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It passed quickly, but Victor’s Chust’s one-year loan spell at Cadiz ended – somewhat unceremoniously and with little relevance to the grand scheme of the transfer window. He hits the headlines on a slow weekend and signs permanently with Cadiz, who he played a lot but didn’t do enough to persuade Real Madrid to play a part in the team, especially not now with the plethora of centre-backs at Carlo Ancelotti’s disposal.
It’s not that anyone is seriously disappointed or has taken a shotgun to their expectations – ones that were rather tame to begin with – but it’s also true that little has stood out from Chust watching him play week after week. . It’s not particularly bad (however, it lags behind on some things, detailed later); but he’s not particularly gifted either. He may be fine as a fourth- or fifth-choice centre-back, but then what’s the point? Shhh starting every week for Cadiz makes more sense than other options on the table.
Some may be disappointed that Real didn’t bring him much money. Most players on loan don’t manage as Real Madrid players. This is not a lazy generalization or general statement. Matt Wiltse and I have actually gone through every Real Madrid player in history (up to the 1950s, at least), and if you get loaned out it’s almost guaranteed you won’t come back permanently. But in most cases, you can flip these players for a profit, which fans can often forget: young players, as cruel as it sounds, are money-making pawns. Brought in cheap or for free, paid little, then sold for a decent to high price.
But as Goal and Marca reported over the weekend, Cadiz will only pay Real Madrid one million in transfer fees for Chust’s services. Is it bad? Not necessarily. Cadiz pay next to nothing but retain only 50% of their rights while parent club Real Madrid have first right of refusal on any future sale of Chust. In simpler terms, if Chust explodes and gets big, Real Madrid can still have him. Selling him for 1million essentially allows the club to keep him on an ‘extended loan’ where he doesn’t pay his salary but retains enough rights to make a calculated decision going forward.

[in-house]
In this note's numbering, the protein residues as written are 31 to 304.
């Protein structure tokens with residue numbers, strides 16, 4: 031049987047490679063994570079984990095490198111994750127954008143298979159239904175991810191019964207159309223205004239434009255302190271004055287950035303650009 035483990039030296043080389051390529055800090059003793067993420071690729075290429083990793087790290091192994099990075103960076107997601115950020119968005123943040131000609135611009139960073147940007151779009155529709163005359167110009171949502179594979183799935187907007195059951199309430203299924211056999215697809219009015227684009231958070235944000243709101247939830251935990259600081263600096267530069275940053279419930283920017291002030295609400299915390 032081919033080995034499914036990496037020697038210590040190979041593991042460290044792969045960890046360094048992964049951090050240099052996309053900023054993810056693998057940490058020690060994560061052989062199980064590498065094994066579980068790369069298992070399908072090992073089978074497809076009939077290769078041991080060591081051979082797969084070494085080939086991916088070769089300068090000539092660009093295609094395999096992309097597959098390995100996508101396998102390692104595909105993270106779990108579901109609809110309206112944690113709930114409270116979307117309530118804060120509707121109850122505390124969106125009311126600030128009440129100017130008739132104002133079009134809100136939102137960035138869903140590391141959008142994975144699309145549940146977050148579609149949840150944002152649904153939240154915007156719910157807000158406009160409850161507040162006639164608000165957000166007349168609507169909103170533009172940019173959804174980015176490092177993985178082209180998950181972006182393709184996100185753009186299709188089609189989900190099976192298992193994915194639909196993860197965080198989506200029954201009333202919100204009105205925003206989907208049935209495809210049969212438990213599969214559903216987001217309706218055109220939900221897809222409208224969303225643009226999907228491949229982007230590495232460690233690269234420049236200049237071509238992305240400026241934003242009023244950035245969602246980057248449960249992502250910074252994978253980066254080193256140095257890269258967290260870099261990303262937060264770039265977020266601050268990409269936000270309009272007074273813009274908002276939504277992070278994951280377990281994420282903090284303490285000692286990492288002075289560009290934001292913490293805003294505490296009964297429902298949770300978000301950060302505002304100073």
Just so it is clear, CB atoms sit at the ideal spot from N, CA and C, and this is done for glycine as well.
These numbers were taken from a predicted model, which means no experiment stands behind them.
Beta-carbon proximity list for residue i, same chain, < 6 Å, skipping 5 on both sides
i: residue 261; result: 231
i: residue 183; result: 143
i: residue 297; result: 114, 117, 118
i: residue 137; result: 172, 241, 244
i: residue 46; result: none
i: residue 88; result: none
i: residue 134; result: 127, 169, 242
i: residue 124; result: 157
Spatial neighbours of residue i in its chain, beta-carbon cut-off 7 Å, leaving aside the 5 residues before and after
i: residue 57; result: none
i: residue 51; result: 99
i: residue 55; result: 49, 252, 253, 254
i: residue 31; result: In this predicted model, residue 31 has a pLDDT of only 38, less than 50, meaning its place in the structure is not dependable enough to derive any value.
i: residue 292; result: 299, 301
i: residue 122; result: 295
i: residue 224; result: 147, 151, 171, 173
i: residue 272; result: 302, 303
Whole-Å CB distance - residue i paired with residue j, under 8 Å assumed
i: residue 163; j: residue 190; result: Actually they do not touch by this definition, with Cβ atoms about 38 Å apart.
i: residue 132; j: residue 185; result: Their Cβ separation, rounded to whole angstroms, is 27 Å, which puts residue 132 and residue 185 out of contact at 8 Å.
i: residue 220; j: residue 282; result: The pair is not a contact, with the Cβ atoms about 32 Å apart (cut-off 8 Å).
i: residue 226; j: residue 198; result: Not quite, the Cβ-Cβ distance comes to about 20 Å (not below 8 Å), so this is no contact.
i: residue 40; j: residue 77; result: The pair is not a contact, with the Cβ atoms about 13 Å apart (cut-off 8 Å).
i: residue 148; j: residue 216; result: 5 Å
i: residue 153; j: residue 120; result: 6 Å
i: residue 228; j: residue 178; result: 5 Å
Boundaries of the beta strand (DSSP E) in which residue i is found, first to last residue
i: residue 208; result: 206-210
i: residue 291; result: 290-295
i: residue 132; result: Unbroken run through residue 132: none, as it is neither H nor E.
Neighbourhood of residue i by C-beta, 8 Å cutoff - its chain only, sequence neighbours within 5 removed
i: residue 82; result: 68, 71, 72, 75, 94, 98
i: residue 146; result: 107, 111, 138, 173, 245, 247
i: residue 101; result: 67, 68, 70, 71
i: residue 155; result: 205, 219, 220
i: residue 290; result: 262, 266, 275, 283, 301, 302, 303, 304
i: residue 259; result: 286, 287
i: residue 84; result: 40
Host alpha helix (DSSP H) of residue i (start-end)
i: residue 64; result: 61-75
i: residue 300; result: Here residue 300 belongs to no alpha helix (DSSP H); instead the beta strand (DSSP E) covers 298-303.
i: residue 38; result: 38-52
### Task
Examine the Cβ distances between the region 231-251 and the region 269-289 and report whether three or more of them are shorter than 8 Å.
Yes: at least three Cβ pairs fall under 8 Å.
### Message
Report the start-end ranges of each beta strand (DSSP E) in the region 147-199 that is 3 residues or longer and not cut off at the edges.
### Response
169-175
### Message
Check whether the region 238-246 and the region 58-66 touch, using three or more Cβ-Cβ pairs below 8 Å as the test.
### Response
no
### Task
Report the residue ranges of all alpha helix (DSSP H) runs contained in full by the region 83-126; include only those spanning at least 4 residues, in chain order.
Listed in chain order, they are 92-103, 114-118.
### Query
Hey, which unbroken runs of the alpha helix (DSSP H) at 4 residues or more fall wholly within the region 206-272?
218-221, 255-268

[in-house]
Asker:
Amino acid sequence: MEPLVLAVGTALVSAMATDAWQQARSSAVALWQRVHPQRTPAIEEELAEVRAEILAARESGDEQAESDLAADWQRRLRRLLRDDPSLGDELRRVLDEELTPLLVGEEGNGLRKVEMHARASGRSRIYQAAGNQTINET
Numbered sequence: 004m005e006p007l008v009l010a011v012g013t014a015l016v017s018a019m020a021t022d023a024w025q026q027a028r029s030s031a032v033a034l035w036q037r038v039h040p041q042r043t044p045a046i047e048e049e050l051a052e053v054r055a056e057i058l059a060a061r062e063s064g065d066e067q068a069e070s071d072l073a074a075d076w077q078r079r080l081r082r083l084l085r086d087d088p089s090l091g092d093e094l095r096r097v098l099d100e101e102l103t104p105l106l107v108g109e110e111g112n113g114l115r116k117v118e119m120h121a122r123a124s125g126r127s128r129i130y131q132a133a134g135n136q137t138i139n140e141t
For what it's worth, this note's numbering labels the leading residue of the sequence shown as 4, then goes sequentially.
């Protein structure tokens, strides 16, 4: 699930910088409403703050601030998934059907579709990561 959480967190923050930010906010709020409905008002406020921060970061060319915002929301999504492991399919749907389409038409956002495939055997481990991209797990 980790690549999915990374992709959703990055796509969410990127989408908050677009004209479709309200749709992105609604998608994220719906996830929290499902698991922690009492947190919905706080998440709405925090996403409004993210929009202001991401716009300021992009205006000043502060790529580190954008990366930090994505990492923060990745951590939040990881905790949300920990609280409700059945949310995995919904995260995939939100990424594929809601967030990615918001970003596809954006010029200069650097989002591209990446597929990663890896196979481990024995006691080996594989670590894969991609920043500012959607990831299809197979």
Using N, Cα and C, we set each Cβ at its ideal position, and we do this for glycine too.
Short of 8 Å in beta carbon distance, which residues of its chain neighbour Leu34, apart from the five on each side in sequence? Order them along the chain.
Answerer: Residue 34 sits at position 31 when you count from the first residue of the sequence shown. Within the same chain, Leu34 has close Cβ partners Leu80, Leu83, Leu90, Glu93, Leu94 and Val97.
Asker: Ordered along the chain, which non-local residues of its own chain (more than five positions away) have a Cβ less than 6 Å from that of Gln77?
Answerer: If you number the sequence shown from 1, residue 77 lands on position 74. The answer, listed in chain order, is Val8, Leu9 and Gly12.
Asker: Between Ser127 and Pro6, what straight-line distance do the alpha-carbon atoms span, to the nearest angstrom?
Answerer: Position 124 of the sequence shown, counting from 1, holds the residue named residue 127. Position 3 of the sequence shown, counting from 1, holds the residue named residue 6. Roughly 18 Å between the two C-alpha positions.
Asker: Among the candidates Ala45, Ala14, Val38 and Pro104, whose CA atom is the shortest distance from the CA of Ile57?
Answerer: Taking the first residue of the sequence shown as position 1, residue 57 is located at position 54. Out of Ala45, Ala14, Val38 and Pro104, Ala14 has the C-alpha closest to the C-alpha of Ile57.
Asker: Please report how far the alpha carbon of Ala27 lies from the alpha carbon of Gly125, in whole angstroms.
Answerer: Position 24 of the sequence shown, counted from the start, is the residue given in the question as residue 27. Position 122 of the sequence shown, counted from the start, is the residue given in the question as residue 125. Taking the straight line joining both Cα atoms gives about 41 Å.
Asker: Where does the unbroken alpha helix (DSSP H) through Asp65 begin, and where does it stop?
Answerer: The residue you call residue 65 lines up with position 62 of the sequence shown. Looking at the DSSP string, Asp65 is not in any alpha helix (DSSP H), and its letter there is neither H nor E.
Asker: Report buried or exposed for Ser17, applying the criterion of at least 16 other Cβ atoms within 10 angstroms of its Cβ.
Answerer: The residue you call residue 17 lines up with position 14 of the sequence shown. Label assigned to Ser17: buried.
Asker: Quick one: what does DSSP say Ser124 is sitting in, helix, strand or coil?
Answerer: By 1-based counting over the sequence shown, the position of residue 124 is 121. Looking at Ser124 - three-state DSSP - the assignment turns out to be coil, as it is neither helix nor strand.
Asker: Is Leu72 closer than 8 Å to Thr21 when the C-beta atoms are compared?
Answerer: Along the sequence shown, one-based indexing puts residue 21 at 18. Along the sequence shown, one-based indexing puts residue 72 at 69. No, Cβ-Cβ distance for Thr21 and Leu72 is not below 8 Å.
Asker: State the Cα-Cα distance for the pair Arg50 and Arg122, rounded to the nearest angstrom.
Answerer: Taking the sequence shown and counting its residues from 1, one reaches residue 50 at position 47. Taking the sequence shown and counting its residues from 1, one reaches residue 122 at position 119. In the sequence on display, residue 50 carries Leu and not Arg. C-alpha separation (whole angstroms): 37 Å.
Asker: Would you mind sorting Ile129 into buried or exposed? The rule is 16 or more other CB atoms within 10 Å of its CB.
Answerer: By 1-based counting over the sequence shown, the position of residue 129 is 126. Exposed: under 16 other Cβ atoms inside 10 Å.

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Unless you’re really nerdy and have a thing for watching Cadiz every week to follow Chust, you might not care what happens here with a player who won’t play in an elite team and who may never come back. But after following him every week, here is what I would like him to improve: following the runners in the box and defending the crosses. Ironically, these two traits were Real Madrid’s weak points last season. Chust regularly struggles to know who is behind him and what races are going on. A simple run into his blind spot was deadly in Cadiz’s attack – especially as left-back Alfonso Espino was a defensive handicap and was easily beaten with a simple wing cut. Chust was fine in situations where he had to come cover for Espino to get beaten, but started to sweat when he had to deal with cuts or crosses, and especially tracking runners into the box. six-meter repair.
In the spring, when Sergio Gonzalez took over managerial duties from Alvaro Cervera, Cadiz changed to a 3-5-2 with Chust as his left elbow. Cadiz held the ball a little more, in turn increasing Chust’s touches. His ability on the ball wasn’t too bad. He is above average for outlets coming out of the back and does well under pressure. He is also strong on 50/50 duels. But he’s not a good ball progresser in general and struggles to land bolder passes between the lines. He does not have enough verticality in his game, both in passing range and in his ball carrying.
Part of that comes naturally from the fact that Cadiz don’t have much control over the ball. In a different scheme – like at Celta Vigo, Rayo Vallecano or Elche – Chust might have more development opportunities to continually work on those traits. In Cadiz, the team with the least possession (40.9% per game), it’s difficult.
Chust’s loan spell at Cadiz was uneventful and disappointing, and he leaves without Real Madrid giving too much thought to his future. He will have to look to next season with one thing in mind: to improve and leave his mark. Give Real Madrid something to think about.